This year, we will hear from some of the people who both understand the problems and have the experience and insight to tackle them. Here are just a few of them:
A successful recruiter by profession, Jackye Clayton uses her technical skills and insights to help the industry better recognize and address bias and discrimination. Clayton, who currently drives diversity and inclusion into the SeekOut application, built a career working a variety of angles in the industry. She understands both tech and bias and is committed to walking the walk.
From her home in Waco, Texas, Clayton is an active participant in the local nonprofit world. As a Black woman, she knows that some prejudice comes from a lack of exposure. By joining these organizations that help others, she helps normalize seeing talented, successful, smart and kind Black women in her community. This is how she spends some of her free time. She puts her diversity and inclusion values to the test in the real world.
At work, Clayton understands that recruiting is a profession that changes with the times. Unlike most of HR, recruiting is market-facing. It’s where people come from when they are new to the company.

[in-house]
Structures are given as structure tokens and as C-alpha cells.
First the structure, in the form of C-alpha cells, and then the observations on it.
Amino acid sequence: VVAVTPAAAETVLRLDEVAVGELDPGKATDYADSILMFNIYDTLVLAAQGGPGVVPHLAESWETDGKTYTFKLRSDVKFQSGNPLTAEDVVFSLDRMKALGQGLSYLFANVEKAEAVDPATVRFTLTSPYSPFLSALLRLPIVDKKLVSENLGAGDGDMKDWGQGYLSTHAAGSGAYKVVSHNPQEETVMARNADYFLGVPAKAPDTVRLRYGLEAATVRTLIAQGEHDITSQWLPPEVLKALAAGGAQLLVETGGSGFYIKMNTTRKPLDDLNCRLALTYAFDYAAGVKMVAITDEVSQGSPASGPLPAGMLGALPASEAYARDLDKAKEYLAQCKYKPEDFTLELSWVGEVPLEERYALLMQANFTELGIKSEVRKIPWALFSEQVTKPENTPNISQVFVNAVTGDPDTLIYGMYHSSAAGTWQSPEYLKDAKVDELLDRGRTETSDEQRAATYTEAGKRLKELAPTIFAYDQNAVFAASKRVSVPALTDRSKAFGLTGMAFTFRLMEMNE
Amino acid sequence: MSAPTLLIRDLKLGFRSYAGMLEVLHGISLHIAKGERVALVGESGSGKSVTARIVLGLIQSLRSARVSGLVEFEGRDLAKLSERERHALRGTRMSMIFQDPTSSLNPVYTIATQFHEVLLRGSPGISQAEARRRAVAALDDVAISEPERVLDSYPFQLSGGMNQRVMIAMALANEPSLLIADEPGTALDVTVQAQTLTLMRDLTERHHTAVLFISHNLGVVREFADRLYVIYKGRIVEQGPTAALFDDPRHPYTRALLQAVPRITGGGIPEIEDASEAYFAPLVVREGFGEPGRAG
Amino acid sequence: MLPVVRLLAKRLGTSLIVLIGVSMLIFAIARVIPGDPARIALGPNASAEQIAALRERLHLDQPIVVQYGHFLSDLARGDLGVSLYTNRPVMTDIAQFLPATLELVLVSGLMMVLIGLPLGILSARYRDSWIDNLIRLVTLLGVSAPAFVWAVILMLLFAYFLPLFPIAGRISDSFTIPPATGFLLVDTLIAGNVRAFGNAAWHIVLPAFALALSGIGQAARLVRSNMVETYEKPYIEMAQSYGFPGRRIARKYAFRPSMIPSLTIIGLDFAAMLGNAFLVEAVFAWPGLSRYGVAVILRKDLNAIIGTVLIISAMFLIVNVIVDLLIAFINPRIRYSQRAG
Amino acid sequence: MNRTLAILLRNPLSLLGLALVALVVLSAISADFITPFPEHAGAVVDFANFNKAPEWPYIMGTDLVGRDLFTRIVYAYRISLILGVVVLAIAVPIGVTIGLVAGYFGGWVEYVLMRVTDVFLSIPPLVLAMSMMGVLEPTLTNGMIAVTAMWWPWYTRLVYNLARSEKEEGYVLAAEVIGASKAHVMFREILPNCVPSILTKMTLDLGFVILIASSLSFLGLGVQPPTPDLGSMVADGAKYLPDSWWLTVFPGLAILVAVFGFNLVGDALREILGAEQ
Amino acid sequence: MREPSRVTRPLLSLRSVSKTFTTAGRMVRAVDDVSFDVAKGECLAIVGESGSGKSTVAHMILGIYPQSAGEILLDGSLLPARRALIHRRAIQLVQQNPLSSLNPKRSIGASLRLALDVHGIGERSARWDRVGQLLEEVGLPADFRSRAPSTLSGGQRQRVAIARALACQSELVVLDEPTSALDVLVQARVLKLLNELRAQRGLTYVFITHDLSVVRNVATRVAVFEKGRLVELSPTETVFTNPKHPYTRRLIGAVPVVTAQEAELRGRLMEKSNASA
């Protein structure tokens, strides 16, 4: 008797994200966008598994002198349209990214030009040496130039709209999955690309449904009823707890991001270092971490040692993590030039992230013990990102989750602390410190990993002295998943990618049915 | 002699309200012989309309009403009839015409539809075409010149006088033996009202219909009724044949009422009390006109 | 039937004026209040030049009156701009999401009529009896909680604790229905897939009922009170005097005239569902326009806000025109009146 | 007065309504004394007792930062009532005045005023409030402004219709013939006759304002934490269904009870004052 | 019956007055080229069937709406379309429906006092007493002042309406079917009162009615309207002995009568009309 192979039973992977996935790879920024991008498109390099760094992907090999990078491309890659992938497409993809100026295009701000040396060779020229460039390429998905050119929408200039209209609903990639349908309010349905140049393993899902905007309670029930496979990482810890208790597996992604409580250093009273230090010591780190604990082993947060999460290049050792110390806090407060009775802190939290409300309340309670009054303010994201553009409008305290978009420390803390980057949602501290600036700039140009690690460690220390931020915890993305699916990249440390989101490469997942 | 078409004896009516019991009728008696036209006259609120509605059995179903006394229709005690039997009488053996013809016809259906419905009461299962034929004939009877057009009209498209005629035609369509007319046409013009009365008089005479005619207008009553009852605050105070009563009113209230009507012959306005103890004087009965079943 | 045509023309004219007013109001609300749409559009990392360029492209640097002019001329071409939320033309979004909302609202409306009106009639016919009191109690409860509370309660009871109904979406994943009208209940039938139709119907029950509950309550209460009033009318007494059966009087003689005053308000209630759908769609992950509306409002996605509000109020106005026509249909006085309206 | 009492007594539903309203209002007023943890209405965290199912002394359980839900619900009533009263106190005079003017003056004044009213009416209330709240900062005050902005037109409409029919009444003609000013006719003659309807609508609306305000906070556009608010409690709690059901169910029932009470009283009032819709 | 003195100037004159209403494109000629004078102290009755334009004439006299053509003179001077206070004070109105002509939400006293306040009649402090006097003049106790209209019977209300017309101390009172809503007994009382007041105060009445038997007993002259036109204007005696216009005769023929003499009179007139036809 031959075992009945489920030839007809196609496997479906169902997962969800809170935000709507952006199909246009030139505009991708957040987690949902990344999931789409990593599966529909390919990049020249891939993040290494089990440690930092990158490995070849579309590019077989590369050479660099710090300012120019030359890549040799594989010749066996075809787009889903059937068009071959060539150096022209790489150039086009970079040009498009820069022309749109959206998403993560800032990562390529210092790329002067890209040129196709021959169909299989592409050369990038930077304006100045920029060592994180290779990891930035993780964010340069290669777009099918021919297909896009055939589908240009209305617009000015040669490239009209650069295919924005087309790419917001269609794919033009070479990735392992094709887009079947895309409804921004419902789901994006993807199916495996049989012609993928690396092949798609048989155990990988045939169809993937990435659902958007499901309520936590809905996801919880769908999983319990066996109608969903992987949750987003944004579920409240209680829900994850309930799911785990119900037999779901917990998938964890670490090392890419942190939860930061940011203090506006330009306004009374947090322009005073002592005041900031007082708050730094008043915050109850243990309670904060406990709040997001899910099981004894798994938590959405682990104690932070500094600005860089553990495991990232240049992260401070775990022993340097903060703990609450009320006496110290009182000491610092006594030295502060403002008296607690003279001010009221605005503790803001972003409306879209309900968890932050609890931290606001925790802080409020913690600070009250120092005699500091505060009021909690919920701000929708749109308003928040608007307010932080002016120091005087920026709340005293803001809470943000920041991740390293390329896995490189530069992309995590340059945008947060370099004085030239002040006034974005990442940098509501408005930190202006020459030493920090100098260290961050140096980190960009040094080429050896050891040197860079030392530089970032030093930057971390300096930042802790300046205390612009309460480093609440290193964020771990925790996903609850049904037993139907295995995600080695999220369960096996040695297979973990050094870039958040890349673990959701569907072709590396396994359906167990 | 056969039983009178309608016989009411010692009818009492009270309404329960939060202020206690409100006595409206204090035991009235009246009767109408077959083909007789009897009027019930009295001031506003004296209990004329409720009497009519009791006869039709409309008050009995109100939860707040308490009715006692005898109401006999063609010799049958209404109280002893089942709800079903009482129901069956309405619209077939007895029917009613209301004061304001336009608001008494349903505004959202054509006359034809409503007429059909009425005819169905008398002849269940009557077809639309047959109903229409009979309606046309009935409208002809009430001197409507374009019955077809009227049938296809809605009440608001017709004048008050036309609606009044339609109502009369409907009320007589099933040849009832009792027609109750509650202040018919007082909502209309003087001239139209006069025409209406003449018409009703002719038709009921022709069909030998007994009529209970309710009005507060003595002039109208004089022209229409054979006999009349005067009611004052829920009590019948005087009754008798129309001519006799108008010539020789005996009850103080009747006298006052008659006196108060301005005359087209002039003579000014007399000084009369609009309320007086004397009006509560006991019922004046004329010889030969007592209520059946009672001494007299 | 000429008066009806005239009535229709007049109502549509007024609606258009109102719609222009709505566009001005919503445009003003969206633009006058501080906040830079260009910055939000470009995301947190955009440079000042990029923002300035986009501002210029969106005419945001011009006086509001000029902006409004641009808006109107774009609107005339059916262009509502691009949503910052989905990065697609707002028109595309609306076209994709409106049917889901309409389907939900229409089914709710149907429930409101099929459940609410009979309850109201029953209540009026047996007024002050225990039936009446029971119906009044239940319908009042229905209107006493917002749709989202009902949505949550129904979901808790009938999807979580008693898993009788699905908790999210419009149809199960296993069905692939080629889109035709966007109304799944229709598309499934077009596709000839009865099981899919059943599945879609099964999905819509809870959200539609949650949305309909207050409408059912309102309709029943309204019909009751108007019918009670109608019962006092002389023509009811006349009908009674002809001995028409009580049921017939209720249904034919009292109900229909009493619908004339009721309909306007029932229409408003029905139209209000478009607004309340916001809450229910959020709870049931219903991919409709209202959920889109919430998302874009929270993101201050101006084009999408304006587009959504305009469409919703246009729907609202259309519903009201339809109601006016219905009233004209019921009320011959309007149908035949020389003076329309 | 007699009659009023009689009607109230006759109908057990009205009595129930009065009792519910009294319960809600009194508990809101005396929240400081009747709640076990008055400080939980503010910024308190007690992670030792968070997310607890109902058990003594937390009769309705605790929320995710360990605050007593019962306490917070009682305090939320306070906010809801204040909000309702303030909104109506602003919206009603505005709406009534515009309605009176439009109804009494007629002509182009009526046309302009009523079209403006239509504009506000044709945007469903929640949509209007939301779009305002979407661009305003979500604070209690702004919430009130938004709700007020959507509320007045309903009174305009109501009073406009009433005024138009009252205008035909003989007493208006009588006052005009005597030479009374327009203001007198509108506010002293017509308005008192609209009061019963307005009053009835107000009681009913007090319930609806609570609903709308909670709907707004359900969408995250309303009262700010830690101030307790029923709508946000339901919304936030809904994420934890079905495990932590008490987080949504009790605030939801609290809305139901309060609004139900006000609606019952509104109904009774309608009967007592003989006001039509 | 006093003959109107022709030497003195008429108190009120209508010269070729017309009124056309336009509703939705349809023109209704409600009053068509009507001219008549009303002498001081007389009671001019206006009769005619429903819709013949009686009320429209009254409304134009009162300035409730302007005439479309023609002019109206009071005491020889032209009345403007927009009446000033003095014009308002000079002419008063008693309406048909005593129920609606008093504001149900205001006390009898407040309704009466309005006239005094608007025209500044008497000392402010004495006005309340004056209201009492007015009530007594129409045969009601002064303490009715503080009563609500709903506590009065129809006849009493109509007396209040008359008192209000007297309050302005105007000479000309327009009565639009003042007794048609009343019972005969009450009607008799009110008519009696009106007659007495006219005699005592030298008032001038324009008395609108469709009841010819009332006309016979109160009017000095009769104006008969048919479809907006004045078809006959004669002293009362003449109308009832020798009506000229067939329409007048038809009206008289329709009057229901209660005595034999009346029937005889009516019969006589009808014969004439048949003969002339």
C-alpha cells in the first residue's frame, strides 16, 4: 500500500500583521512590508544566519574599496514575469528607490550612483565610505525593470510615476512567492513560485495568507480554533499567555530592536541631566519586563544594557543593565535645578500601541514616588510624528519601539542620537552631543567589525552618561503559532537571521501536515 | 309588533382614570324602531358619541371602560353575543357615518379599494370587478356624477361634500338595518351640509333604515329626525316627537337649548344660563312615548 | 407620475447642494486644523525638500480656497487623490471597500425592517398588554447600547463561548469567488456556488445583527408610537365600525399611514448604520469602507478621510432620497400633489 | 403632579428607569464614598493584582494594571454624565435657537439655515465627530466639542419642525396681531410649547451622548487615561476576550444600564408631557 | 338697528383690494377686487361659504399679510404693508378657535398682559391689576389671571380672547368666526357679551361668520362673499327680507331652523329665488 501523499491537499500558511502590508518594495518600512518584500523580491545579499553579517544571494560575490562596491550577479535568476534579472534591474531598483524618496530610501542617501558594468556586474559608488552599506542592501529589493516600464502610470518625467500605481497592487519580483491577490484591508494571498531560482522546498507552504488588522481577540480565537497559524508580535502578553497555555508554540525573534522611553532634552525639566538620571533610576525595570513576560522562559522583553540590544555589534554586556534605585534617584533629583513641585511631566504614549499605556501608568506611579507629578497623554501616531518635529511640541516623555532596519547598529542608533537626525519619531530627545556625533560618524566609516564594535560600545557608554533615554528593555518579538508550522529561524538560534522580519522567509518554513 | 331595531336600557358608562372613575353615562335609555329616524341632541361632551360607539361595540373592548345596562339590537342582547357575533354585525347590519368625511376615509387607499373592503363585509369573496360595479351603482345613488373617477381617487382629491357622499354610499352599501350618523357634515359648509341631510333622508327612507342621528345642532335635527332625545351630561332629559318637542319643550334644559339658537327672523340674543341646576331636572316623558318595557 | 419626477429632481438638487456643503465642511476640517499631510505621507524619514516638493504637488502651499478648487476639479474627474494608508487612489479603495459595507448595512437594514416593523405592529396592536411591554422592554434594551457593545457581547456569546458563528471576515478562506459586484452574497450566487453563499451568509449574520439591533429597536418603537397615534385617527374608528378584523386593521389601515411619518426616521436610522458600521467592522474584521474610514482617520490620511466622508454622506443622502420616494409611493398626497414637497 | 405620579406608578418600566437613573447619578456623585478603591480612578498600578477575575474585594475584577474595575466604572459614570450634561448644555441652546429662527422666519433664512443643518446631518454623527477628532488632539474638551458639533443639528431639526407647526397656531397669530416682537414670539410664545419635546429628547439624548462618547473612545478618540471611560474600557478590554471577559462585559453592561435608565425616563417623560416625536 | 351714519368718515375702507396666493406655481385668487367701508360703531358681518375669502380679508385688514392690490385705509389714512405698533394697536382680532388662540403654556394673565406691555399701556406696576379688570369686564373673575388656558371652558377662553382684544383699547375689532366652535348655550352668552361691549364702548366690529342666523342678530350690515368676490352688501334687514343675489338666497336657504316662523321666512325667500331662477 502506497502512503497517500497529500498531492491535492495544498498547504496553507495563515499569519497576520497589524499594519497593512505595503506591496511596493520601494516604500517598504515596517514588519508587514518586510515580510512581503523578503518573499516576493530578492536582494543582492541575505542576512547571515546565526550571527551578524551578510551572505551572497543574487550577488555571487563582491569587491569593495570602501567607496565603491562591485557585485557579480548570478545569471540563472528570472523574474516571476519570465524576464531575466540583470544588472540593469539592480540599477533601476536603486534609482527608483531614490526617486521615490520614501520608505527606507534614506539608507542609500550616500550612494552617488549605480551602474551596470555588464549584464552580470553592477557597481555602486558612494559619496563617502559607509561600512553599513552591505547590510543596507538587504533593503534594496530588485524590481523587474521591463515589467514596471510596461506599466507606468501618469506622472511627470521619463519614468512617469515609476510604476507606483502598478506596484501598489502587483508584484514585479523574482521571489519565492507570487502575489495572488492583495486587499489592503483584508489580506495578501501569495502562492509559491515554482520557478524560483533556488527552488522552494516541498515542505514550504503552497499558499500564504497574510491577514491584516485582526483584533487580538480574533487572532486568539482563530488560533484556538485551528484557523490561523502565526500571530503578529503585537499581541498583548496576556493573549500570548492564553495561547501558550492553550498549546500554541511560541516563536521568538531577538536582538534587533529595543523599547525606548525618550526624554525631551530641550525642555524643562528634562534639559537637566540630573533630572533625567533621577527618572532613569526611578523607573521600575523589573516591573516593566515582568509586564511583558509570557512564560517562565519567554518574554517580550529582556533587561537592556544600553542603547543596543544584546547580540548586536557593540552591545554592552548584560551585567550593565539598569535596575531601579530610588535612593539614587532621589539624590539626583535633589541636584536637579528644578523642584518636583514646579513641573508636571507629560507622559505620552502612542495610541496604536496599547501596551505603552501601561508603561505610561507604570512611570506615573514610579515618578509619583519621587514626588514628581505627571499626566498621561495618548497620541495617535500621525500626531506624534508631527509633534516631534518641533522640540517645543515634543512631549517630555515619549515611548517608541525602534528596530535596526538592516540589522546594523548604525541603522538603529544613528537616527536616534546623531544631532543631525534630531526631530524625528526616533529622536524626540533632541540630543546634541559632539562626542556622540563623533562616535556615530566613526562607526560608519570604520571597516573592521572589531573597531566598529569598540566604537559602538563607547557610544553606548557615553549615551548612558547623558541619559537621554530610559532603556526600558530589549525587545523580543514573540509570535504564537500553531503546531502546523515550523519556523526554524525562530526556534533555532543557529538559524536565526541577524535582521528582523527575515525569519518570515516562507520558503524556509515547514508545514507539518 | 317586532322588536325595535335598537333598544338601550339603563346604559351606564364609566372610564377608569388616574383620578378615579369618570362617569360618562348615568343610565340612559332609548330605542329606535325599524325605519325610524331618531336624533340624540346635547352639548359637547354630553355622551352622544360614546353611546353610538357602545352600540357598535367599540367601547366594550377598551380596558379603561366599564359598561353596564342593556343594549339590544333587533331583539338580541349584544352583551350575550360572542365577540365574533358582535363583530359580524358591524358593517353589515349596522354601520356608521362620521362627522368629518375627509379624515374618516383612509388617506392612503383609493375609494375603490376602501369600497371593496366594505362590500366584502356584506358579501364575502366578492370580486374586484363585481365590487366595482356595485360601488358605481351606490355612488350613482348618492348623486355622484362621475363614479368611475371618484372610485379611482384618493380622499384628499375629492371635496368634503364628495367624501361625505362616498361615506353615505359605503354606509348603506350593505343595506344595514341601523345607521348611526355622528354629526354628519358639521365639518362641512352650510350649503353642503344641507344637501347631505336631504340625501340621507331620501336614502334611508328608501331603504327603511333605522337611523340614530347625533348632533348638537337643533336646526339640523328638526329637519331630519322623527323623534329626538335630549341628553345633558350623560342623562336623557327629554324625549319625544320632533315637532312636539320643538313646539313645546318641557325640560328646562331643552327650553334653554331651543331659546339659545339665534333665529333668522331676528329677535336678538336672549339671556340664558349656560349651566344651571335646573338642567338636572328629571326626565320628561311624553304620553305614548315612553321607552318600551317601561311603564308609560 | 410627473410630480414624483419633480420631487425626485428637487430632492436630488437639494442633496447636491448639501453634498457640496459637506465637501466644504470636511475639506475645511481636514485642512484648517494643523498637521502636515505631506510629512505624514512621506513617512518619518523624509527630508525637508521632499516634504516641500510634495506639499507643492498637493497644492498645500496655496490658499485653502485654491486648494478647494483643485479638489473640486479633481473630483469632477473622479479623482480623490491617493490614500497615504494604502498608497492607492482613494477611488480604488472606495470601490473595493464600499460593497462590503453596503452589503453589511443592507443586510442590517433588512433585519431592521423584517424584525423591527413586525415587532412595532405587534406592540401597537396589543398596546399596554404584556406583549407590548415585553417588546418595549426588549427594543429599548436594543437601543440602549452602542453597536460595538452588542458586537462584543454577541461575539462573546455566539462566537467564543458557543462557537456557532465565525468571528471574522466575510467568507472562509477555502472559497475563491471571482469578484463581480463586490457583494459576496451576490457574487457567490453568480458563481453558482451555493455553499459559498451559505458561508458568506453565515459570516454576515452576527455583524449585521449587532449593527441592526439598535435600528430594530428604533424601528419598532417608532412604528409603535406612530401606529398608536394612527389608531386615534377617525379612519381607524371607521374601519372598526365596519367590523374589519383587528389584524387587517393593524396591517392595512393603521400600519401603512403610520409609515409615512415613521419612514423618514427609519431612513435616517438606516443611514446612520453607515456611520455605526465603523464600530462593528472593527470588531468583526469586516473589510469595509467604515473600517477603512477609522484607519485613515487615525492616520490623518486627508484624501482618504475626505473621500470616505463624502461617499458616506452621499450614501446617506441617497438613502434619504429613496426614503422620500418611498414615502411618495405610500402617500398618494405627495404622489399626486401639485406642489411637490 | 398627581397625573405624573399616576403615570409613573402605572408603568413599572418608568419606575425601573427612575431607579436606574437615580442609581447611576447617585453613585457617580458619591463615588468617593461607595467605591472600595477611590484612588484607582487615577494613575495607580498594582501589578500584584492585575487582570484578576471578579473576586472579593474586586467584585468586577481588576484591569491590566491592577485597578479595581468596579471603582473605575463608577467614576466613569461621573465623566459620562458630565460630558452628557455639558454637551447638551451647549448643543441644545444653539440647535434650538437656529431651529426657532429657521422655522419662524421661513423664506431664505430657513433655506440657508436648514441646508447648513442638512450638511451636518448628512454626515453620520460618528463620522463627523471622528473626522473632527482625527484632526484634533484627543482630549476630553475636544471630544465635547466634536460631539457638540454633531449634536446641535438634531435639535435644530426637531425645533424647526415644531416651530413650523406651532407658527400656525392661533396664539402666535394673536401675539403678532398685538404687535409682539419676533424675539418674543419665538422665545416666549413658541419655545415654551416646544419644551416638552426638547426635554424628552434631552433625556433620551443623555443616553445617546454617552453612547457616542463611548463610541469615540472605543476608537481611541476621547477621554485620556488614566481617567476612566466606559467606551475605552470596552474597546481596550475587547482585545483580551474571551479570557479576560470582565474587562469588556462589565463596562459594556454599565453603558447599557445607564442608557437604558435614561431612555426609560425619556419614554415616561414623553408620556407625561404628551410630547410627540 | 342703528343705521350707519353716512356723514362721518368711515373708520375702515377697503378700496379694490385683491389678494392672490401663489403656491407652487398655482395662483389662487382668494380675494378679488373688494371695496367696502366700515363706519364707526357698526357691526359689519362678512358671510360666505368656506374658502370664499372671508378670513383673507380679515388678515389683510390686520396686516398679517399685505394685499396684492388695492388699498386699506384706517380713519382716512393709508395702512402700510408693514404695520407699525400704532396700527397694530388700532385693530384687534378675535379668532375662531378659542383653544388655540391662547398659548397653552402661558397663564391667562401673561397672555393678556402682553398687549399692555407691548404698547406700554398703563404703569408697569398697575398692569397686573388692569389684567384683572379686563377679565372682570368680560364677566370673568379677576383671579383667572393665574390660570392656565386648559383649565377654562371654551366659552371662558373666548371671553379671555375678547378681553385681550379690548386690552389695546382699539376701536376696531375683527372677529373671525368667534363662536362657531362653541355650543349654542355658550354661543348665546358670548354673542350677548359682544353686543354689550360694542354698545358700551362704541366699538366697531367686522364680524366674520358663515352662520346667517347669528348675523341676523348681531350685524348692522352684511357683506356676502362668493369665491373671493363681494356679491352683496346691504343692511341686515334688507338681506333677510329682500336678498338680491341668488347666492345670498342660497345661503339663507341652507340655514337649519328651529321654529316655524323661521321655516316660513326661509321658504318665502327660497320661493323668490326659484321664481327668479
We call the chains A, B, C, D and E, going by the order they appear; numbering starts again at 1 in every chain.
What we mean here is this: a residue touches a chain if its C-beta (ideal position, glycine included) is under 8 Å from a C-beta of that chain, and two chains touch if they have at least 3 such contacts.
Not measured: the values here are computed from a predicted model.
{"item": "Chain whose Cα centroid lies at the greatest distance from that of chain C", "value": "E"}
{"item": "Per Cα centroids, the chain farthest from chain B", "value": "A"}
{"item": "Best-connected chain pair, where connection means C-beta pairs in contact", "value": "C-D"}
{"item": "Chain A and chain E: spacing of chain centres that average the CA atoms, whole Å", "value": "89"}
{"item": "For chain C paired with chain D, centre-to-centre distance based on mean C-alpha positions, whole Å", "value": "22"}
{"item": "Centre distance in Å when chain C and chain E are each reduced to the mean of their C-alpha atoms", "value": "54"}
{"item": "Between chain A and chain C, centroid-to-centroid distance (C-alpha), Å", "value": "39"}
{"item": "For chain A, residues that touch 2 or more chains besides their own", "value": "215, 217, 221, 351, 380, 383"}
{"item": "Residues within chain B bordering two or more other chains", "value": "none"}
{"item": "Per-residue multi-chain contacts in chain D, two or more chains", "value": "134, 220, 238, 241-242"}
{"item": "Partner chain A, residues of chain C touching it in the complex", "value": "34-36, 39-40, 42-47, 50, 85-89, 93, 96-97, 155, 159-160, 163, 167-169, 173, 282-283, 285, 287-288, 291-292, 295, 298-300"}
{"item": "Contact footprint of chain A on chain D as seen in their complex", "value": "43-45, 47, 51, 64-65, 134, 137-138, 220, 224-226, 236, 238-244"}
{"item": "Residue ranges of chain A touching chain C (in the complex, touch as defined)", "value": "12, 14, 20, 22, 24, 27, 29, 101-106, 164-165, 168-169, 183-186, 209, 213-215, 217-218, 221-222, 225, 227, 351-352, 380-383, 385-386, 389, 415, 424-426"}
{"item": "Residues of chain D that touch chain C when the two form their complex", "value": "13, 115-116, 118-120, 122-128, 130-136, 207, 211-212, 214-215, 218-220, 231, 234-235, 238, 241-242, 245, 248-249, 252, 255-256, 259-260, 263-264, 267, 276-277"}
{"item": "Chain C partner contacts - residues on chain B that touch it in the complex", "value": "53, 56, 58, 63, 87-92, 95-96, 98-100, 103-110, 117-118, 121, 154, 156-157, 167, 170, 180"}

Her keynote presentation at Spring HR Tech will be a deep look at the meaning and execution of diversity recruiting. As things evolved over the past five years, the time-honored dodges (like recruiting from historically Black colleges) are less and less effective. New tools and deeper initiatives are required to bring contemporary organizations the range of talent and insight to keep the company relevant.
She’s been at the tip of the spear in the development of recruiting technology, working on this question for many years. Expect to be enlightened and inspired by her talk.
Recruiting is a great place to see exactly how the power flows. A recruiter focused on improving diversity quickly learns to distinguish between words and actions. Starting with simple metrics like comparing attrition in diverse groups to the rest of the operation, a diversity recruiter quickly becomes concerned with helping people stay and prosper.